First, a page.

Navigant Research Blog

Taking the EV Mainstream

Sam Abuelsamid — September 19, 2017

The plug-in EV (PEV) is rapidly evolving to become a viable mainstream option for almost every car buyer. As ever with automobiles, there is no silver bullet solution. This year there are several unique variations on how best to serve the needs of drivers seeking to minimize energy use as the PEV landscape matures. Navigant Research’s EV Geographic Forecasts report projects 50% growth in North American PEV sales this year and market share of between 7% and 11% by 2026.

Design is always a matter of balancing priorities. Priorities can depend on the target market, how the vehicle will be used, and budgets.

Tesla’s Approach

Tesla is trying to build on the premium brand image it has cultivated while creating the impression of going mainstream. The Model 3 has been promoted as an affordable long-range EV with a price starting at $35,000. That will yield a spartan car. Most customers will actually be paying far more to include current options, bringing the price to at least $59,000, with additional performance options to be added later.

GM

General Motors (GM) took a different approach with the Chevrolet Bolt, opting for maximum possible electric range and utility while keeping the base price under $30,000 (after federal incentives). Even including all options, the Bolt is still less than $44,000 before incentives. While some reviewers have criticized the hard plastic interior, the vehicle’s real-world range, handling, and utility have garnered very positive feedback.

Hyundai and Nissan

Hyundai and Nissan, by contrast, have veered even harder toward trying to maximize the value proposition of their respective EVs. The Hyundai Ioniq Electric and Nissan LEAF both have starting prices before incentives below $30,000 and even highly equipped models will still only hit about $36,000.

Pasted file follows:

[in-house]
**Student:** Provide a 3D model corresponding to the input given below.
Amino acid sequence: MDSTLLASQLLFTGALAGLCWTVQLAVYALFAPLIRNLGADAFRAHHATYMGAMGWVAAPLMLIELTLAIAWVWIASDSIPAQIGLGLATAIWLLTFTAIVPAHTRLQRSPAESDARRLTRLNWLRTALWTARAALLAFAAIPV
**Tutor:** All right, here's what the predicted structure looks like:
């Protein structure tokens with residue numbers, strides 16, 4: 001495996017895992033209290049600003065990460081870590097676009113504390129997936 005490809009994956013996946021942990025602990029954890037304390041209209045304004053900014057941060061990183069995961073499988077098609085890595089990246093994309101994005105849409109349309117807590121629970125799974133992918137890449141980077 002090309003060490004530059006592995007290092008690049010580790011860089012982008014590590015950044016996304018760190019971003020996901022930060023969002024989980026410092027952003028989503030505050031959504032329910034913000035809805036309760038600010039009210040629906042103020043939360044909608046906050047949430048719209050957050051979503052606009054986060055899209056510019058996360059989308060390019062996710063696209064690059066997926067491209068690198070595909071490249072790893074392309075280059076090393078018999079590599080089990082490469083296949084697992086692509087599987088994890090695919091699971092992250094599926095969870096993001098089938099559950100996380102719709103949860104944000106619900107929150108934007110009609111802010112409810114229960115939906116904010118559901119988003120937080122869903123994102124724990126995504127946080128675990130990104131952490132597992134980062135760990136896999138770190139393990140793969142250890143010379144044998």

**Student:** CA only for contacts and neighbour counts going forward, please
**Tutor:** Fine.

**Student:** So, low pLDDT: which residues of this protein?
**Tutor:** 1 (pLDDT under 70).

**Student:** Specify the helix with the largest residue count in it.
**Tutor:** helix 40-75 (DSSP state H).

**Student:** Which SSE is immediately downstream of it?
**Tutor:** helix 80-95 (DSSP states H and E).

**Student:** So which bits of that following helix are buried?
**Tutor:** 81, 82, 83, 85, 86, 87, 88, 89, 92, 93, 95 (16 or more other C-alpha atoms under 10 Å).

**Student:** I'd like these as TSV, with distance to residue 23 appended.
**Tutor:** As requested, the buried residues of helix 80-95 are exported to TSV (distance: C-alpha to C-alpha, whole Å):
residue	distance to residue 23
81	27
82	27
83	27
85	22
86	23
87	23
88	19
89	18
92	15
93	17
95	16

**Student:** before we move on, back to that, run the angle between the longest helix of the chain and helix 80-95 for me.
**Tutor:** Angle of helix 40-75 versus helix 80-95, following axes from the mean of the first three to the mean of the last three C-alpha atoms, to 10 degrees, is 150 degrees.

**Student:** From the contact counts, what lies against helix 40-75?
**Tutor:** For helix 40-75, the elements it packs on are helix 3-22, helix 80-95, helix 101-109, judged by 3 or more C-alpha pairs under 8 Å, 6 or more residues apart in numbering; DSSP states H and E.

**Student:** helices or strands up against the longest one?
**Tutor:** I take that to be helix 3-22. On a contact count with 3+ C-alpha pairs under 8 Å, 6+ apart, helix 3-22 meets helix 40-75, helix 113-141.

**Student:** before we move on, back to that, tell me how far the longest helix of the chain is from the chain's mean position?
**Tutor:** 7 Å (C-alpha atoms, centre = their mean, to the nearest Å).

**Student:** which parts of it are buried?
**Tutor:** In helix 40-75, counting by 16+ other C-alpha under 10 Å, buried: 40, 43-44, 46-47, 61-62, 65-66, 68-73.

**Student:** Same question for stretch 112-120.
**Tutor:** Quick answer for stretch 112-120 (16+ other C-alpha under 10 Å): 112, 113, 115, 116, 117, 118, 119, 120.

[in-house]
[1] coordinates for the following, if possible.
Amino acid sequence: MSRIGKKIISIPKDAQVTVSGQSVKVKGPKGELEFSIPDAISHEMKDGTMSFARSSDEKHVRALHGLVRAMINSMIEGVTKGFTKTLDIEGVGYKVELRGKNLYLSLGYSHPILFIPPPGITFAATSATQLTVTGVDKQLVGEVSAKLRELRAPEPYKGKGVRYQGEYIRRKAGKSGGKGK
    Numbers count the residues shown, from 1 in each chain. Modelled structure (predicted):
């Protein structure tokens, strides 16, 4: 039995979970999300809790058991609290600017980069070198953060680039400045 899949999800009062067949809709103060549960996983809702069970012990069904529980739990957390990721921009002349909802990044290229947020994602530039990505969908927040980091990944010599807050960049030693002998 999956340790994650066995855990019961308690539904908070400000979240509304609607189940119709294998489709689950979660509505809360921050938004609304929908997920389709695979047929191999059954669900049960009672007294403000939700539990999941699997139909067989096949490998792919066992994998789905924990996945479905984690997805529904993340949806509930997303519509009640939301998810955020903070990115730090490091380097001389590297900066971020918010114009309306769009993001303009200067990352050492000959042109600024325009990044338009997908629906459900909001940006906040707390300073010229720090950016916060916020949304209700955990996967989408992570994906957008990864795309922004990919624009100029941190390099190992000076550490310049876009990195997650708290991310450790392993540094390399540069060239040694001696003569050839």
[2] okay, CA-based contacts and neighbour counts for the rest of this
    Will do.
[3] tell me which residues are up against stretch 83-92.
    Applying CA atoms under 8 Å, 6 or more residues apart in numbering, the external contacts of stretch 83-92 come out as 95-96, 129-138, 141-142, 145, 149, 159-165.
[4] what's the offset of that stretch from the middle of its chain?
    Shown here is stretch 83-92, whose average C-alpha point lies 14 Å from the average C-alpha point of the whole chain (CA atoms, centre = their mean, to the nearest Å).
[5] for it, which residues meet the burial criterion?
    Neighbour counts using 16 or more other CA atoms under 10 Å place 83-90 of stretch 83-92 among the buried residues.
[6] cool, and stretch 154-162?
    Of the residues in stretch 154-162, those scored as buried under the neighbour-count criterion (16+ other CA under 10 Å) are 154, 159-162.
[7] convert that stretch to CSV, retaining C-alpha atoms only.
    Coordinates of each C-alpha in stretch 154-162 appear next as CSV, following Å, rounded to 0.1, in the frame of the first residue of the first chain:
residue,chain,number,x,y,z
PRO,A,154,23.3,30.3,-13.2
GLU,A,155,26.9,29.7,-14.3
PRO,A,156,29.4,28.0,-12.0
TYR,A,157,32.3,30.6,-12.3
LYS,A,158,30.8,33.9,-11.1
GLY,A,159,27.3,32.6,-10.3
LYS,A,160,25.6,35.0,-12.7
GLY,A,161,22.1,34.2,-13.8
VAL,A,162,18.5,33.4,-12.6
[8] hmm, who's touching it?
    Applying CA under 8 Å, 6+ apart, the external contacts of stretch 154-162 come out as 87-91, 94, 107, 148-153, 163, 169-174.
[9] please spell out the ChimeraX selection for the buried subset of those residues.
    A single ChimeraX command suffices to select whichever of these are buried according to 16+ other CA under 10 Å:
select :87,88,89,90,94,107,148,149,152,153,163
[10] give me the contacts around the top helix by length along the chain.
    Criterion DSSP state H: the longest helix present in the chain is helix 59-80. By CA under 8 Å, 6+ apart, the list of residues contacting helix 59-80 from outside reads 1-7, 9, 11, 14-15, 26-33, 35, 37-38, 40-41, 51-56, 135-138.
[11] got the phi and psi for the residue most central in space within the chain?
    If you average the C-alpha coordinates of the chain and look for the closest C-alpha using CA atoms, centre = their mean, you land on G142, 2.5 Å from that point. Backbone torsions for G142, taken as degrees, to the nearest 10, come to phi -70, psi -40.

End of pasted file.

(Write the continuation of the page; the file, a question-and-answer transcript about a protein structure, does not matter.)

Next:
The Ioniq, built on a dedicated electrified platform with hybrid, plug-in hybrid, and battery-only flavors, went for maximum efficiency with a slick five-door hatchback body strongly reminiscent of prior-generation Toyota Priuses and a moderately sized battery. Hyundai aimed to keep both cost and weight down with a 28 kWh battery, less than half the capacity of the unit in the Bolt. With its modest weight and low drag, that’s enough for 124 miles of driving range and a leading efficiency of 136 MPGe combined.

After trying out a slightly futuristic design with the original LEAF, Nissan decided it needed a more conventional look in order to get an audience beyond early adopters. While the five-door hatchback configuration and basic dimensions are carried over, the LEAF now incorporates contemporary Nissan design cues both outside and in the cabin. Aside from the propulsion system, it’s now just an ordinary compact hatchback. With a more efficient drivetrain and battery that has grown from 30 kWh to 40 kWh, the LEAF is now expected to go at least 150 miles on a charge, double what it did when it debuted in 2010.

Chrysler

Fiat Chrysler, which has long derided EVs, has now opted to build on one of its core strengths with the Pacifica Hybrid. Like Nissan, FCA is focusing on the ordinariness of the driving experience with its plug-in hybrid minivan. The key distinguishing feature is that it has 35 miles of real-world electric driving range, enough to meet most daily commuting needs without burning any gas. But as a family hauler that might be used for road trips, no additional planning of where to stop and charge is required.

Buyers of vehicles that burn fossil fuels have long had choices ranging from tiny sports cars to full-size trucks. We’re now reaching the stage where those that want to avoid gas stations have choices at increasingly affordable price points as well.

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